Feedlot profitability still wading through red ink

Jon Condon, 13/07/2011

The only saving grace in the latest feedlot profitability calculation carried out by Beef Central yesterday is that the result is not as bad as it was in the previous exercise, compiled back on June 15.

The sums on feeding 100-day grainfed cattle have eased back towards the positive side of the ledger a little this week, on the back of reduced feed prices and cheaper feeder cattle.

An analysis based on yesterday’s spot market for inputs suggested a breakeven figure of 365c/kg dressed weight for 100-day grainfed steers ex-Darling Downs, going on feed today and closing-out during week-four in October.

That’s down 10c/kg on a similar analysis done four weeks ago. The main reasons are that finished ration price has eased $10/t to $255/t due to easing in the feedgrain market, while feeder steer prices have dropped around 5c/kg liveweight over the past three weeks to 175c/kg.

Total cost calculated was $1278 (down about 3pc from $1316 on June 15), including feeder steer purchase plus typical feeding program, and a 1pc mortality rate.

The big influence in cost/price variables overall continues to be in the over-the-hooks forward market price for late October, which, while difficult to define due to lack of processor participation, sits in the 350s, down from the high 370s seen in early June's calculation.

The spot market for 100-day grainfeds today is around the 325c/kg mark, down from mid 350s four weeks ago. That’s due mostly to the backlog of meat in the supply chain, plant closures and very flat demand in Japan.

All this means today’s proposition for close-out in 100 days’ time is about 15c/kg dressed weight below breakeven, worth about negative $45 a head. That’s not as bad as the extreme negative $89 figure reported three weeks ago, but still a long way from profit.

The calculation is based on assumptions including a 356kg dressed weight, average daily gain of 2kg, and a feed conversion ratio of 7.5:1 (as fed).

Similar calculations made pre-Easter produced a 100-day profit result very close to breakeven.
Forward-contracted 100-day product closing-out today (going on feed in April as feeders worth 205c) carried a breakeven of about 400c/kg, which represents a breathtaking $285 per head loss to processors in today’s market, based on a current spot price of 325c. That figure, alone, demonstrates the extreme pain export processors handling grainfed product are currently experiencing.

Feedlot survey

Breakeven figures like those produced this week do not auger well for the quarterly feedlot activity survey for the period ending June 30, to be published later this month. Compared with the solid outlook just three months ago, there is a lot more bearish sentiment evident around in Australian lotfeeding circles at the moment, and no immediate signs of change in market variables.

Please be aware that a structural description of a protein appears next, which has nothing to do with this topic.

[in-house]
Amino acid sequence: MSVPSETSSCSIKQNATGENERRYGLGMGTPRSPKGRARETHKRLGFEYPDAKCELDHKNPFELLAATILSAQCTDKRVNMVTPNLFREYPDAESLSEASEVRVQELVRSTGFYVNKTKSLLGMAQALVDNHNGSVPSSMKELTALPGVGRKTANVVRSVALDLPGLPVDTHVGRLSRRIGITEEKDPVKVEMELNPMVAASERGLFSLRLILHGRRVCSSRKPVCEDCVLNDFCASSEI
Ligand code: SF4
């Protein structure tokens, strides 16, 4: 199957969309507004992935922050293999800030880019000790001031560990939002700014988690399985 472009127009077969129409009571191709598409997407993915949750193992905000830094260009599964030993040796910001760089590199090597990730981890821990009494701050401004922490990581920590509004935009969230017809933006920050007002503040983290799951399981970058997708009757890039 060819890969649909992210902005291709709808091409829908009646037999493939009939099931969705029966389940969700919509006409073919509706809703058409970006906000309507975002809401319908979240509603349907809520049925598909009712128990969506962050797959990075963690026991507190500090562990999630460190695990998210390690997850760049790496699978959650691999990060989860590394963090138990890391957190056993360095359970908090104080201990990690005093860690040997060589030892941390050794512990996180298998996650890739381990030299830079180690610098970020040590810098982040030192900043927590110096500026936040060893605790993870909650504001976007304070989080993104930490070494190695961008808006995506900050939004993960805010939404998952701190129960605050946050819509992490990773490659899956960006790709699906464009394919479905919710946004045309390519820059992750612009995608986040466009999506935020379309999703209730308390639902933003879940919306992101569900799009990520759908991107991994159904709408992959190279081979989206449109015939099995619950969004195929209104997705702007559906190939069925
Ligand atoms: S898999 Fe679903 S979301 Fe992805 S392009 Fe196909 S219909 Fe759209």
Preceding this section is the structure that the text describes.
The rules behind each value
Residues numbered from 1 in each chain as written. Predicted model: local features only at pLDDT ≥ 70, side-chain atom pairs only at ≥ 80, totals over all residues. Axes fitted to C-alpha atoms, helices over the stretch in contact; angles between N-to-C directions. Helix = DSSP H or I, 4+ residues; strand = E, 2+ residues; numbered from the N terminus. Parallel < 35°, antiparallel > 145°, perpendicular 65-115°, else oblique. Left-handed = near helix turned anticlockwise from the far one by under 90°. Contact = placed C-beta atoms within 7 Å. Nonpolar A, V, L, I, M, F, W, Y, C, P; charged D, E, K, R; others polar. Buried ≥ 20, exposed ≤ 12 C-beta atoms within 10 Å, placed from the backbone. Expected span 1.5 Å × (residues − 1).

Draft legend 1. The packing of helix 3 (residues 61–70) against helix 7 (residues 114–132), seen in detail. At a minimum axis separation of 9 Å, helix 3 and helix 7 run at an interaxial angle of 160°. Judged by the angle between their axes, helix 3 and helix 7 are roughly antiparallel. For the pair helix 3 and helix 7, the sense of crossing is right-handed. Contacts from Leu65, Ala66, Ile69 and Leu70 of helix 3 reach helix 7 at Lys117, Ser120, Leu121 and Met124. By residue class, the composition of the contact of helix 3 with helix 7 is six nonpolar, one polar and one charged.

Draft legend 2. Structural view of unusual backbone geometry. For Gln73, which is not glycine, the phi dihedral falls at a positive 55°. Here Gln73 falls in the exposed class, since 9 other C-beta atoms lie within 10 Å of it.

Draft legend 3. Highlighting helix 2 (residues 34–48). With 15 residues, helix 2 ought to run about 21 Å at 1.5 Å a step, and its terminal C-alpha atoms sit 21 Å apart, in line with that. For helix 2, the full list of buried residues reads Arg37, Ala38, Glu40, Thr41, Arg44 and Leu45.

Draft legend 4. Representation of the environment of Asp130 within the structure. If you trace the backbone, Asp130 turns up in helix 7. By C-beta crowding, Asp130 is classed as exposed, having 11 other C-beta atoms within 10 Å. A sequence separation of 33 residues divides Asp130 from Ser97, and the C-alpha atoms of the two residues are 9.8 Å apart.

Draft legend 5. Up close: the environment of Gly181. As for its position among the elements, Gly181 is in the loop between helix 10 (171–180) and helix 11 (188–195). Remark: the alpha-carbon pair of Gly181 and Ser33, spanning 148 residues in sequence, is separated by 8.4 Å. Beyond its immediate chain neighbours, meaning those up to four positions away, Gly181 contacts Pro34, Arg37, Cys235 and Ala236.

One saving grace could be that the timing of the survey may miss catching the worst of the recent profit declines and slowdown in placements. If the survey was to be conducted at the end of July, instead of the end of June, the state of the grainfed industry could have looked a lot worse, a reliable lotfeeding contact told Beef Central.  

Reduced kills by processors to lower the amount of overall beef in the market, narrowing the gap between beef supply and demand, is seen as part of the short-term solution by some stakeholders.

One lotfeeder felt it unlikely that feeder steer prices would decline much further. If they did, many breeders would elect to retain cattle on the abundant feed at their disposal and grow the cattle out to grassfed export weights themselves over the next six months.

Other prospects could be an easing in the value of A$ through to the end of the year, which some finance sector analysts are forecasting. A currency at around parity with the US$ would add competitiveness to Australia’s exports in important customer countries.

Another factor could be potential beef shortage in the US in coming months due to widespread drought (see separate story "US cow kill ramps-up as drought bites") which could help elevate prices for Australian exports.  Typically, Australian grainfed heavy steer prices hit a peak around November-December, but whether 2011 follows that pattern remains to be seen.

“With processors taking $200 hits on shortfed Jap ox they are processing today, it is probably a little difficult for them to see optimism in four months’ time,” one large lotfeeder said.

“While the market appears to be turning, the average export processor’s weekly profit-and-loss would still be looking pretty ugly, meaning the enthusiasm to put some cherries out in front is going to be hard to find – despite the historic price strength at the end of the year.”

Yesterday’s NLRS Eastern Young Cattle Indicator closed at 375.5c, down 0.5c on a week ago. The NLRS feeder steer indicator was up5c for the week to 200.6c.

  • • Beef Central publishes a fortnightly 100-day grainfed breakeven scenario based on a standard set of production variables (ex Darling Downs). While a representative set of variables has been chosen, it is important to note that variations can exist across production models (FC, daily gain, mortality, morbidity, carcase specification), from feedlot to feedlot, and between mobs of cattle. For a more specific performance forecast on a given mob of cattle, contact your preferred custom feeder.


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